The rise of youth golf is not due to our family. Golf was not a part of our household.  No one played it nor followed it extensively.  Yet, when our son was 12 years old, he decided on his own to become a golfer. 

He discovered the local YMCA was hosting a summer clinic that served as an introduction to the game.  His participation in this youth program introduced him to skills that continue to serve him lifelong in business and as a pastime.  That was the 80’s. Ron Furlong writes, “The 1980s were a turning point in golf. A handing down of the torch, if you will. A changing of the guard. More television coverage than ever also helped bolster the popularity of the game.” 

Still, there were limited opportunities for young people to learn the game, or develop the skills of play. Fortunately for him, he found one program and his skills continued to develop. He played competitively into his teens. Then his passion for the game became an avenue to enhance his chosen career.  Many business contacts and networking encounters have been found on the course.   


Today with the rise of youth golf there are increased chances for youth to learn more about the game and the positives it brings.

I recently ran across this children’s author and her idea to connect golf to the very young. She obviously sees the value golf has brought to her life and is lovingly sharing the tales (and the dog’s tails of the story) through her contribution of Charlie and Bogey. 

Beyond the toddler years though, there is an even bigger community supporting the rise of youth golf.  The First Tee is active in many areas.  The focus of this organization is character education and teaching long-term life skills inherent in the game. Its character education curriculum helps teach junior golfers how to manage emotions, resolve conflicts, communicate, set goals and more!

“In every experience with First Tee, kids are introduced to our Nine Core Values: honesty, integrity, sportsmanship, respect, confidence, responsibility, perseverance, courtesy, and judgment.” 

The organization eagerly points out the way the game of golf differs from any other sport.


  1. You call penalties on yourself. 
  2. You report your own score. 
  3. Your mind and the course are the opponents. 
  4. Every course is different—each has its own challenges. 
  5. It requires and promotes high principles and values.
  6. You improve your concentration, combining power with finesse and accuracy.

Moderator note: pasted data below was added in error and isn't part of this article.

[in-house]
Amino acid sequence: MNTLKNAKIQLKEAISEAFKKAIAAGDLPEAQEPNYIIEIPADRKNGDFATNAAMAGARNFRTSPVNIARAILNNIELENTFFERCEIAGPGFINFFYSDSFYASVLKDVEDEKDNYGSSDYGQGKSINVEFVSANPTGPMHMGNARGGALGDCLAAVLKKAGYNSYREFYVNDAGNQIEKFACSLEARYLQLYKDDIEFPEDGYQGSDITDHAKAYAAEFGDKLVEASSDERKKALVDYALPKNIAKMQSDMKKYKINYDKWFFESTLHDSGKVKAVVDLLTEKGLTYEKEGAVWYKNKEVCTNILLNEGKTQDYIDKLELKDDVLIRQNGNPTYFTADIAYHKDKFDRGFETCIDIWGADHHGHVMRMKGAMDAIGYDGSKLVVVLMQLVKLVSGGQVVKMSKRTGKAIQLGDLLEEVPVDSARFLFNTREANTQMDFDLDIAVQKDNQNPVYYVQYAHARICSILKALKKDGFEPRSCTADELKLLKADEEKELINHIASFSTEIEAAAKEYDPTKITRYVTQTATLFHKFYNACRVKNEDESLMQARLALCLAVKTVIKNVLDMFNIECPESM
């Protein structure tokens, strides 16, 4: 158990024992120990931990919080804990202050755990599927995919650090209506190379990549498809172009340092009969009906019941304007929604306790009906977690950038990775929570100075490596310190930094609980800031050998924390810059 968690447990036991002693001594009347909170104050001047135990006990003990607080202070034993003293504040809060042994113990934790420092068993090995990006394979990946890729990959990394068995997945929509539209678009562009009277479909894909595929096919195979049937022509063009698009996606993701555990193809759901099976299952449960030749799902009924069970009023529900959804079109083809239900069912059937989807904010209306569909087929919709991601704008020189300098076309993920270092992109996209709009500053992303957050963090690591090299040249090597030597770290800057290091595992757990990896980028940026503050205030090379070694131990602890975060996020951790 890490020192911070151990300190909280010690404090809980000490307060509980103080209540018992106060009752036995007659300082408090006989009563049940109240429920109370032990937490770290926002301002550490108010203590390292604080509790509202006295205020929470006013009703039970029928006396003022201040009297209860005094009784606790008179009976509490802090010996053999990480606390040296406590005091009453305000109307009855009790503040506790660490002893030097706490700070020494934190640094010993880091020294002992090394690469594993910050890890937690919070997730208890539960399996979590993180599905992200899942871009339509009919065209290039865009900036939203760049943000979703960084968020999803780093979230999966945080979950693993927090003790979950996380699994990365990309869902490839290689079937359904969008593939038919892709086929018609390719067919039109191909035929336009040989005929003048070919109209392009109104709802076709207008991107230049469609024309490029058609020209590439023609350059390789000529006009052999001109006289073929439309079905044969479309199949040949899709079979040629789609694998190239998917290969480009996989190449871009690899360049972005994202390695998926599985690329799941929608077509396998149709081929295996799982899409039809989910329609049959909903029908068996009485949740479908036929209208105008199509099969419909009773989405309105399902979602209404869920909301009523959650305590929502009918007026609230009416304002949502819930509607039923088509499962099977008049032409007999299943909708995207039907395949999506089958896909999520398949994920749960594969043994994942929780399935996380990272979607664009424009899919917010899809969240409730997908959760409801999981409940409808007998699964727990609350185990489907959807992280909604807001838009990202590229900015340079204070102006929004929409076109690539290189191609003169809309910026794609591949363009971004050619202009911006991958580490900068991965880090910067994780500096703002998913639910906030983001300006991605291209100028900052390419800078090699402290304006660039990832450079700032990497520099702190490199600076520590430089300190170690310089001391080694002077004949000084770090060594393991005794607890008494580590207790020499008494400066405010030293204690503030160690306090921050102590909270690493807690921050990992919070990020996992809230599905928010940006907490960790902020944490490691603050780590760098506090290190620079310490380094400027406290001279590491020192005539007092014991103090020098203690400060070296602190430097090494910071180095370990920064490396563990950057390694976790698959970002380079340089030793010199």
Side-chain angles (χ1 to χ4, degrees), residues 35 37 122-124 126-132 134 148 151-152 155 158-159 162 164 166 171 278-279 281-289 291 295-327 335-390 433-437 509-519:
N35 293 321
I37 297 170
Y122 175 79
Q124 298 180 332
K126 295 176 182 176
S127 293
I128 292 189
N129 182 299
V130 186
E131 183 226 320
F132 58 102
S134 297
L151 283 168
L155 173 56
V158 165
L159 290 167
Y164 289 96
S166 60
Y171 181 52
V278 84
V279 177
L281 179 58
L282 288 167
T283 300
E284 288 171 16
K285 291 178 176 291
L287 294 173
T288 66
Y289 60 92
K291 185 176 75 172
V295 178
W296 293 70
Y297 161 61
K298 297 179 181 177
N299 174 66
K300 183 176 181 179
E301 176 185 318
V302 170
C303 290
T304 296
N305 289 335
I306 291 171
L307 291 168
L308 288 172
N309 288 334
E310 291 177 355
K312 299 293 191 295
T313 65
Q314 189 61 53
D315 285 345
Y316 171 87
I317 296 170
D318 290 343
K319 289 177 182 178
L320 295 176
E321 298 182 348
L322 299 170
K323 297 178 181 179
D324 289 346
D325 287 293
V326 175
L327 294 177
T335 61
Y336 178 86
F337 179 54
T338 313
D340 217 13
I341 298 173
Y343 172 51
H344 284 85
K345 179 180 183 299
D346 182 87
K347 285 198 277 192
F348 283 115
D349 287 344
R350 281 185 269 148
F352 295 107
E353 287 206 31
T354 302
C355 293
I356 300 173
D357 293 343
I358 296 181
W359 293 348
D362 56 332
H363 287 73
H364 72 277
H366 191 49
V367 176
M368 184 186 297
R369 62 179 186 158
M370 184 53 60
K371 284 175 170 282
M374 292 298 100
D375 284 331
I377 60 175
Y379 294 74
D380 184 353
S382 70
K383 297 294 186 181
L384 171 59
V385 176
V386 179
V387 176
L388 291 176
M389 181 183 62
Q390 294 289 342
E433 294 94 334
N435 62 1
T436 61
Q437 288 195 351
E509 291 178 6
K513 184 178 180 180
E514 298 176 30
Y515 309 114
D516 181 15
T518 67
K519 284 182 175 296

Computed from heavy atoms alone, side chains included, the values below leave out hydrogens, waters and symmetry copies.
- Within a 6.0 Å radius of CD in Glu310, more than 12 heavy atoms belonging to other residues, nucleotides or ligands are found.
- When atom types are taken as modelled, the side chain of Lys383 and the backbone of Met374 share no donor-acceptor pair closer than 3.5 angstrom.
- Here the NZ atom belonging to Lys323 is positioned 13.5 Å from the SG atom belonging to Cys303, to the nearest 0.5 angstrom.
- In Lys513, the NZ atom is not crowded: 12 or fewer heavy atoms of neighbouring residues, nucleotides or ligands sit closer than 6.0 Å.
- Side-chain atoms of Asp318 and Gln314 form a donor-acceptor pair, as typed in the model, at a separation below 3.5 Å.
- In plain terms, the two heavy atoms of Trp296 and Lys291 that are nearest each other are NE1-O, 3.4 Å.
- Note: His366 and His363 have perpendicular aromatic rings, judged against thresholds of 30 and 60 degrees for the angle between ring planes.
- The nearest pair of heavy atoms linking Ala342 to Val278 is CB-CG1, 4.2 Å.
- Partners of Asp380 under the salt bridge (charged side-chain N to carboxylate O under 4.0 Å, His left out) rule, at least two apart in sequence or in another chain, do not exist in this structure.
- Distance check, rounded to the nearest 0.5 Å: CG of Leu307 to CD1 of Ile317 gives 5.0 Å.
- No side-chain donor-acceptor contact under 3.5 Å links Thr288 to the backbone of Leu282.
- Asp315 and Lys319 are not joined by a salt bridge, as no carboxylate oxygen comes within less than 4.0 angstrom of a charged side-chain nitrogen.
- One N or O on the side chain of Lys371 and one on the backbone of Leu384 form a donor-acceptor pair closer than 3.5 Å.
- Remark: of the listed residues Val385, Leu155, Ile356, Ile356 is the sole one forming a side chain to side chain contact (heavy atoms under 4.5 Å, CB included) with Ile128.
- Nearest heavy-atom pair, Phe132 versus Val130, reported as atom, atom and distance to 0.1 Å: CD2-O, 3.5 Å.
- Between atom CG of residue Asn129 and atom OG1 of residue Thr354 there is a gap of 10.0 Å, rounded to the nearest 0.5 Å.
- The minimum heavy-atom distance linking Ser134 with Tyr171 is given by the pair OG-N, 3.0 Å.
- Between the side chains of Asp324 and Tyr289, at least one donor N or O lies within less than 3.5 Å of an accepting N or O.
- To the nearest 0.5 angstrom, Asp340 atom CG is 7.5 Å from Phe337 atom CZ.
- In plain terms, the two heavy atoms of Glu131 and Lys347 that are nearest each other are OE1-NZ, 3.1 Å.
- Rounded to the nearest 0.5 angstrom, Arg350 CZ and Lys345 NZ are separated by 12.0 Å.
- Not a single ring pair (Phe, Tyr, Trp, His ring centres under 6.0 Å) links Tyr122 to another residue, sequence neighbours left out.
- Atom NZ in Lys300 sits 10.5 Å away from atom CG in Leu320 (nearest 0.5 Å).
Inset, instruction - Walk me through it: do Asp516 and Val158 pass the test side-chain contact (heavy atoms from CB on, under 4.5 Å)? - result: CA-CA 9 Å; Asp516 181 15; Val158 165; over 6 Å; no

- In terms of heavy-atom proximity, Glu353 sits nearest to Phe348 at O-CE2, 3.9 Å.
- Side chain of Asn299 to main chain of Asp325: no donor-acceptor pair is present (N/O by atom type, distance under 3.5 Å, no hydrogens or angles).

7. It is a lifelong sport, spanning generations of people who can play.
  8. The handicap system means everyone can play as equal. 
  9. You can play the game on your own, with others or as part of a team.

Benefiting beyond those learned lessons, socially there are other skills inherent in the learning process of golf as well.  Making proper introductions. Managing emotions. Resolving conflicts. Setting up step-by-step goals. Planning for the future. Appreciating diversity.

Look at the LPGA and their contribution to the rise of youth golf with a specific focus toward some of the challenges directly related to girls and the development of strength and self-esteem.

The LPGA Leadership Academy uses the game of golf as a platform and learning tool to:  Teach young women how to become better decision makers. Overcome and let go of setbacks. Take calculated risks and embrace opportunities. Develop skills to accomplish specific goals. Play their own game and find their own voice. 

Stronger girls= Strong and capable women!  

As a parent, I would be lacking if there wasn’t a shoutout to organizations that address the parent as a coach.  Check out Here adults are reminded to monitor their personal behavior as mentors and guides, which is valuable in every activity involving our youth.  


My son, once a boy, who possessed a strong sense of determination and an uncanny ability to charm grownups into his good graces, is now a fine man.

He plays through life in the same way every skilled or unskilled golfer should play the course.  Each day, like the next green, is approached with optimism. He marks his success or failure at each hole. He takes the drop honestly. Counts each stroke with integrity.

Does he have some swings that are hooked? Of course. Still, he moves to where the ball lies and works his way out of the rough. 

Don’t misunderstand. He isn’t perfect. He’s even subpar at times, but other days… amazing.